• Fri. Dec 2nd, 2022

Shareholders Cry Foul Over Co-operative Bank’s Ksh1 Billion acquisition of Jamii Bora Bank

Apr 10, 2022
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A minority shareholder has questioned the 2020 Co-operative Bank’s acquisition of Jamii Bora Bank, which has since been renamed Kingdom Bank.

Court filings at the High Court’s Commercial and Tax Division by Poinsettial Ltd, an investing company, that holds shareholding in the defunct Jamii Bora Bank, says that the transaction was fraudulent and full of irregularities. 

Court papers seen by Taarifa News say that one of the main reasons that the transaction is fraudulent is that the board of directors that approved the takeover of Jamii Bora Bank by Co-operative Bank on July 1 2020 did not have a quorum.

“At the time notice for the shareholders meeting was given, the board of directors was improperly constituted and thereby was incapable of issuing valid notice thereof. The available evidence shows that the notice for the said meeting was made by only five directors, yet the Articles of Associations provided at the material time, for a mandatory minimum threshold of 11 members to constitute a valid board of directors. The said resolution therefore contravened the mandatory provisions of Section 275 of the Companies Act, 2015,” say court filings.

Poinsettial additionally argues that there was no valuation for the Ksh4.46 price per share that Co-operative bought the Jamii Bora Bank and the small shareholders were not given the first right to buy more shares into the troubled lender.

“The recommendation given by the directors for the making of the said resolution, was not only deficient for want of a valuation justifying the decision to allot and issue the stated shares for the agreed consideration but also unfair to the plaintiff as it effectively denied them a chance and opportunity to subscribe equally for the new shares in the defendant bank.”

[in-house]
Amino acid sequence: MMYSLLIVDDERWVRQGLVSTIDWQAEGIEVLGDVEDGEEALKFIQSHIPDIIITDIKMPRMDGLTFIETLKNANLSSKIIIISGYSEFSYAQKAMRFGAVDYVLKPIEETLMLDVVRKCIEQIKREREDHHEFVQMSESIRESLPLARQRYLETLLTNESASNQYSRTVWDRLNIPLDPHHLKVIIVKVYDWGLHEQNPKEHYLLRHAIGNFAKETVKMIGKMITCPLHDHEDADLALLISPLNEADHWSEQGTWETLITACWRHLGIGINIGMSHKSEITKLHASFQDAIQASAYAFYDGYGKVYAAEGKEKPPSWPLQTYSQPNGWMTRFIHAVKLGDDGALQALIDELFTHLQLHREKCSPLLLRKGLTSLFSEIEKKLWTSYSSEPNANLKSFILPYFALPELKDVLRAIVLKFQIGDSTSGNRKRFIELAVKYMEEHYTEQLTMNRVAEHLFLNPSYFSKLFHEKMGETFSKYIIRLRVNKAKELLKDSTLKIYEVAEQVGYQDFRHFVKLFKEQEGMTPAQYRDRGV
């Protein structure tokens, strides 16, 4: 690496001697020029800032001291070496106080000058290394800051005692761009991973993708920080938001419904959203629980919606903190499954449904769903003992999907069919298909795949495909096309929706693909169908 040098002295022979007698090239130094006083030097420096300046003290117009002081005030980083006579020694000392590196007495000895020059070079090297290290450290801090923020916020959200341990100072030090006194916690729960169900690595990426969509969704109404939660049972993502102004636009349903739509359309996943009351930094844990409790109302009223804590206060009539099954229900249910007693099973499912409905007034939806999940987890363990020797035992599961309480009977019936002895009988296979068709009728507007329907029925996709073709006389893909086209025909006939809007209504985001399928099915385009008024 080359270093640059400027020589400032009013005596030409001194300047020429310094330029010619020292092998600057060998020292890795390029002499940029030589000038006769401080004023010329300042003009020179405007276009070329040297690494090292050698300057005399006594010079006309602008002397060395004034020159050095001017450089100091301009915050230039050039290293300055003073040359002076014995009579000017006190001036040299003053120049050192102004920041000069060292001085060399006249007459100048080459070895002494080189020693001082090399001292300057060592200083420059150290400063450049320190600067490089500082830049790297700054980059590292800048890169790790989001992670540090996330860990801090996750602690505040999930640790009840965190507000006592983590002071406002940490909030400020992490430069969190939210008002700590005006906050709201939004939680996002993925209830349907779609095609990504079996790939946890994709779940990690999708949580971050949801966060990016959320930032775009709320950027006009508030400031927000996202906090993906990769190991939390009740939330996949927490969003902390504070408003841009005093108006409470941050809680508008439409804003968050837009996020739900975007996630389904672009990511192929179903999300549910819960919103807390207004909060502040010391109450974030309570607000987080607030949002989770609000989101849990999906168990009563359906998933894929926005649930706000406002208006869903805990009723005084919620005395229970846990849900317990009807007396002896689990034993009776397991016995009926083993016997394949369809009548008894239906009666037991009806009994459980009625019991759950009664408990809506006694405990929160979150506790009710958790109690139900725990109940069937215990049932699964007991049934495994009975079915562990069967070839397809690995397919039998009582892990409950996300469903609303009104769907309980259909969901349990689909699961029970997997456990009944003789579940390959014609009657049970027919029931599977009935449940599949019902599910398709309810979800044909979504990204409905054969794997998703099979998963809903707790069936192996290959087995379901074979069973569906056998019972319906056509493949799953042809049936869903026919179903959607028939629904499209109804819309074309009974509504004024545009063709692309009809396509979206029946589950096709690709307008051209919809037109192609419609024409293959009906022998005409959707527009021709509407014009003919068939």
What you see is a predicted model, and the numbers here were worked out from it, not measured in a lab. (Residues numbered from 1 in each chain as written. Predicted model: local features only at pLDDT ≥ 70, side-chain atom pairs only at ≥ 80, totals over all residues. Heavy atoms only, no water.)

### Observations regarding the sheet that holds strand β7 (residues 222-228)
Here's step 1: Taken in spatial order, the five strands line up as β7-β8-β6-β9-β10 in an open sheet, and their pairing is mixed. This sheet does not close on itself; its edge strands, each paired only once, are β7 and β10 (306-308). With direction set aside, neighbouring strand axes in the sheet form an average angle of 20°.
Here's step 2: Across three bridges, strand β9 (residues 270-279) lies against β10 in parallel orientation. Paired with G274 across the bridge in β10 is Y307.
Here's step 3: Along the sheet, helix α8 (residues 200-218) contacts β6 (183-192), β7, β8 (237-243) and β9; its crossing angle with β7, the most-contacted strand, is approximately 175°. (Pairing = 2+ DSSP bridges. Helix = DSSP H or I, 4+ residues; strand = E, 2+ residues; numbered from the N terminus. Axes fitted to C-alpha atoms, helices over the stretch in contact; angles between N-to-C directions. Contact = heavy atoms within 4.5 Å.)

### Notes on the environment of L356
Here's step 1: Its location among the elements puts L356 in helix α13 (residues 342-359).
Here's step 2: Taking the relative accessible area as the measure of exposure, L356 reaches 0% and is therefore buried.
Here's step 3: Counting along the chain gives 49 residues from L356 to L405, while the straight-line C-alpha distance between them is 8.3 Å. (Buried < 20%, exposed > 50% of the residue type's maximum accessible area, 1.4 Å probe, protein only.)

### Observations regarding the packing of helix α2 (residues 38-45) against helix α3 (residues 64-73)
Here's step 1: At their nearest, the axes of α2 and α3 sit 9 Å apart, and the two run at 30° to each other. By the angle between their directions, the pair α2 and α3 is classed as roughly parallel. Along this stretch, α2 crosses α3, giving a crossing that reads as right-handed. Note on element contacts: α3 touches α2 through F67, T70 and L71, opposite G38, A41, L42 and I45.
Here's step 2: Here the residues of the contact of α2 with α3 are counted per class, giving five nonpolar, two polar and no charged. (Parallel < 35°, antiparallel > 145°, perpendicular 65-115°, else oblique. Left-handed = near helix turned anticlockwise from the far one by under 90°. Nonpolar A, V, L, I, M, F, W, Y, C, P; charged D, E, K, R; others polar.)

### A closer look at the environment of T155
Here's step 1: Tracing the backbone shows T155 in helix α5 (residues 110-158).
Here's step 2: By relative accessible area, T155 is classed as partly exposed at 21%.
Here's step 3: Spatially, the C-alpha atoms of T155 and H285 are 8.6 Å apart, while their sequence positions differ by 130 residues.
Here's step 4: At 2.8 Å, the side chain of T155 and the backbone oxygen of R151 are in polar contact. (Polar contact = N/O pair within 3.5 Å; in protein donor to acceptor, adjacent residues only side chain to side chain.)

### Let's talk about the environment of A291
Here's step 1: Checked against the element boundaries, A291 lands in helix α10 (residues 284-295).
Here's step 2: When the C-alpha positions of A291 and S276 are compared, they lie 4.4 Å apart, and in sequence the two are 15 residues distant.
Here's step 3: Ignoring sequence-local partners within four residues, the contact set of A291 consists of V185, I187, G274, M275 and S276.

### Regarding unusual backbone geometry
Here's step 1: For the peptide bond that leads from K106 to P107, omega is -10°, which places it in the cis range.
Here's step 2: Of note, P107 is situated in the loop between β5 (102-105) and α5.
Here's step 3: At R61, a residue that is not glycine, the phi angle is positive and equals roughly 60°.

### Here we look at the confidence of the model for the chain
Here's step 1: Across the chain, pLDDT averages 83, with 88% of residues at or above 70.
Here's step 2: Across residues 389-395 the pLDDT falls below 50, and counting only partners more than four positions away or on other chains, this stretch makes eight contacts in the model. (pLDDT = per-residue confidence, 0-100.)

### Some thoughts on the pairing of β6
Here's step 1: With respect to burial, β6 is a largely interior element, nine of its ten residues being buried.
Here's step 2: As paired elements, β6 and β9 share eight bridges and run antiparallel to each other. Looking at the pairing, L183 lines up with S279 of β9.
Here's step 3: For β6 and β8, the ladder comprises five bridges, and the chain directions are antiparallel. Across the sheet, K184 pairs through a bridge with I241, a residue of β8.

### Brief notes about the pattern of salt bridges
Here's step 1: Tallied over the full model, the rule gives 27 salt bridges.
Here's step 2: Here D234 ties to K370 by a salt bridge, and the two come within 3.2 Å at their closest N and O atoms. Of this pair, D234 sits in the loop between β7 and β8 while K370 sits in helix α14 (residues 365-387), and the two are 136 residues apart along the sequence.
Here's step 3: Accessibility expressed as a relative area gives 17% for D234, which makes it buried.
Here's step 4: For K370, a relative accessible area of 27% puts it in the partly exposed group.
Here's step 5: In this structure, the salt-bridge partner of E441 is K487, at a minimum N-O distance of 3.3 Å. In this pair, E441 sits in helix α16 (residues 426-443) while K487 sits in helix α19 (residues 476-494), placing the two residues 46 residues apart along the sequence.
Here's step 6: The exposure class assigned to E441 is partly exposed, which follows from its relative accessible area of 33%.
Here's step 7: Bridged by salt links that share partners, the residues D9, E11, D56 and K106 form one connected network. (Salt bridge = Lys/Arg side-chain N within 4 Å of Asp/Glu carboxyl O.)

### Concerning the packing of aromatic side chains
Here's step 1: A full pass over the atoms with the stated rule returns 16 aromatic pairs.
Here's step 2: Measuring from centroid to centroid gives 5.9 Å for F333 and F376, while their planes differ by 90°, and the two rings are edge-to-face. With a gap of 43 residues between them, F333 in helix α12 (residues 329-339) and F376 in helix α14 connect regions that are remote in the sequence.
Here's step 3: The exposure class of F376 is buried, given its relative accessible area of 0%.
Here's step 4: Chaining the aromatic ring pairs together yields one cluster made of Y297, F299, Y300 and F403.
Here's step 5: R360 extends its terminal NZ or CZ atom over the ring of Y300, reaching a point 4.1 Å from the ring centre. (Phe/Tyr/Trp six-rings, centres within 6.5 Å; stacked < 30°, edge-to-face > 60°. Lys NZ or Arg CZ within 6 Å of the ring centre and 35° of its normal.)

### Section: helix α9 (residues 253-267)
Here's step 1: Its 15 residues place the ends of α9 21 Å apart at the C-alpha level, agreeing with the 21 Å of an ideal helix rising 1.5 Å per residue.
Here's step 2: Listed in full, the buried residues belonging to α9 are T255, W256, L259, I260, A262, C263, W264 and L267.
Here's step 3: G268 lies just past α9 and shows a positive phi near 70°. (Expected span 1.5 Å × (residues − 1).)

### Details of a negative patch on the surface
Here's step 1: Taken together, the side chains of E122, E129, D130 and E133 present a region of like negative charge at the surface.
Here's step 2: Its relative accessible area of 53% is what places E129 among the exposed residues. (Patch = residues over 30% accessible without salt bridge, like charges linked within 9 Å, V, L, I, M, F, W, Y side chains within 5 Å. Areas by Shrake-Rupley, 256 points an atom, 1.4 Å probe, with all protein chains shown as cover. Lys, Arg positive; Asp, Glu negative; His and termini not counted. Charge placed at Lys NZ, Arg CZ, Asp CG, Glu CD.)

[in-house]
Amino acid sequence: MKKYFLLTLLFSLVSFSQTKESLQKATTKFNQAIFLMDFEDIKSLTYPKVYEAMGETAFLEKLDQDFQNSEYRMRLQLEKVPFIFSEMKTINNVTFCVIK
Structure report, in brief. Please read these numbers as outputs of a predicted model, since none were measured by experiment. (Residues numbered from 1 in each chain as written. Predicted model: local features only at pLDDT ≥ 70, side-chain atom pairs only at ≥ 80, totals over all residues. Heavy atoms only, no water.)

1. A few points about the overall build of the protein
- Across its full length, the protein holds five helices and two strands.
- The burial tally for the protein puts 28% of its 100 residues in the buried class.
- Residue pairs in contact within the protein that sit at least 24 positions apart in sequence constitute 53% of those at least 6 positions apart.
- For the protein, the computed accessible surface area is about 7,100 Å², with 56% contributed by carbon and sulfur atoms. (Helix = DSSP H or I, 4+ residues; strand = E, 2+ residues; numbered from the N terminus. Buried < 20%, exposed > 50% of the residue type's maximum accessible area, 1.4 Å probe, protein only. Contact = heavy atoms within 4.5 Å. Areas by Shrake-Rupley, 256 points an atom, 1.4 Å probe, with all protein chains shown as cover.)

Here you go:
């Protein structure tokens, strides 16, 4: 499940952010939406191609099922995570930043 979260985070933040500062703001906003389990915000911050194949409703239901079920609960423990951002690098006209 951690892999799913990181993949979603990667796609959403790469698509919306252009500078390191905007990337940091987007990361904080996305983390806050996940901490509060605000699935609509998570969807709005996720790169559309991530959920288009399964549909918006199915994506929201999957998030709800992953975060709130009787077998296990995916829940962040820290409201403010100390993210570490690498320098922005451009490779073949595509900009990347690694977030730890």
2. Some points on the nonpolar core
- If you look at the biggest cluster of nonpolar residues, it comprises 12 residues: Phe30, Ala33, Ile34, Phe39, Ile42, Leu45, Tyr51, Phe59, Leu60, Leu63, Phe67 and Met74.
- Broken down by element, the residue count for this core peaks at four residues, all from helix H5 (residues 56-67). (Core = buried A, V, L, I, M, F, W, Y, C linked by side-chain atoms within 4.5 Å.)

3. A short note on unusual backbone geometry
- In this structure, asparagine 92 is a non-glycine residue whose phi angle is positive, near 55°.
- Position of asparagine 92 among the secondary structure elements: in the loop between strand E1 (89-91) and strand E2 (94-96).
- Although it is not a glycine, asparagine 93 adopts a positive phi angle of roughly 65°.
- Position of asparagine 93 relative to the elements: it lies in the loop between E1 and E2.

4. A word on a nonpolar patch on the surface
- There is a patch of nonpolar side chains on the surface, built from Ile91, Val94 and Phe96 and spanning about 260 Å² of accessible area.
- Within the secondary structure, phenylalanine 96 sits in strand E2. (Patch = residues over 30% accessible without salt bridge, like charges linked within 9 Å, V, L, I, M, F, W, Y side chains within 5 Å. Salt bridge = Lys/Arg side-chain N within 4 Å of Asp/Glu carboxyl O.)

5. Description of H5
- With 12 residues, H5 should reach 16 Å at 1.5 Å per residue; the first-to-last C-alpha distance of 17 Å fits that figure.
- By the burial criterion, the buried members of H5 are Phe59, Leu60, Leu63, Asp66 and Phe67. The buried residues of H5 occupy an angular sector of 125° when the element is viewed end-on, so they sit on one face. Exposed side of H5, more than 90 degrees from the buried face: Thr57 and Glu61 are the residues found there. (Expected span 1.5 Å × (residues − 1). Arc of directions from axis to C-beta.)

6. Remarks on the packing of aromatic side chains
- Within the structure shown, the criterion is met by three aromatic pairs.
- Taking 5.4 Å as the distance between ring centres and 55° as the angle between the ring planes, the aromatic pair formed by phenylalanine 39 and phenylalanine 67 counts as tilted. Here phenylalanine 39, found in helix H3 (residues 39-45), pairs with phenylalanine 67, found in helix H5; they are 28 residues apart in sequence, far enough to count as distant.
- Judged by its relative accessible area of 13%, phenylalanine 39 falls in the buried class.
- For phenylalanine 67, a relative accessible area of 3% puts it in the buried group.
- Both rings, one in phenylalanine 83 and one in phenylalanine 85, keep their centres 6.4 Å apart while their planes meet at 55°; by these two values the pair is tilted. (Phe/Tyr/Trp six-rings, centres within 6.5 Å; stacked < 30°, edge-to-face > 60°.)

Under the transaction Co-op Bank acquired a 90 percent stake in the lender by injecting Ksh1 Billion. Co-operative Bank on its part has argued that since 2016 Jamii Bora Bank faced several challenges including a deteriorating loan book, a lack of liquidity, weakened corporate governance structures and it was a matter of time before the bank was placed under statutory management by the Central Bank of Kenya (CBK) and therefore the takeover was godsend.

“It is against that background that the first defendant’s Board (Jamii Bora Bank) considered the 2nd

Defendants (Co-operative Bank)offer for subscription of new shares and additional capital injection in the 1st Defendant and took the views that it was in the best interest of the company, the shareholders and the public including depositors and creditors that they accept the offer to address the serious liquidity issues and meet the CBK minimum liquidity threshold,” says Co-operative Bank in a response.   

Co-operative Bank additionally says that over 95 percent of Jamii Bora Bank shareholders were

present and approved the transaction including the then CEO Samuel Kimani who was appointed as a proxy by Poinsettia.

The shareholders also approved for the reduction in quorum to five from 11 board of directors on the same July 1 2020 same meeting. 

In relation to valuation Co-operative Bank says that it relied on a report that was prepared by NCBA and approved by the Capital Markets Authority. The court papers say that since the capital injection the value of Jamii Bora shares have increased to Ksh5.2 per share from a negative 20 cents.

Poinsettial in response to Co-operative Bank insists that the board was not properly constituted so decisions made at the July 1, 2020, meeting are not legally binding.

A ruling is expected to be made on May 16, 2022.

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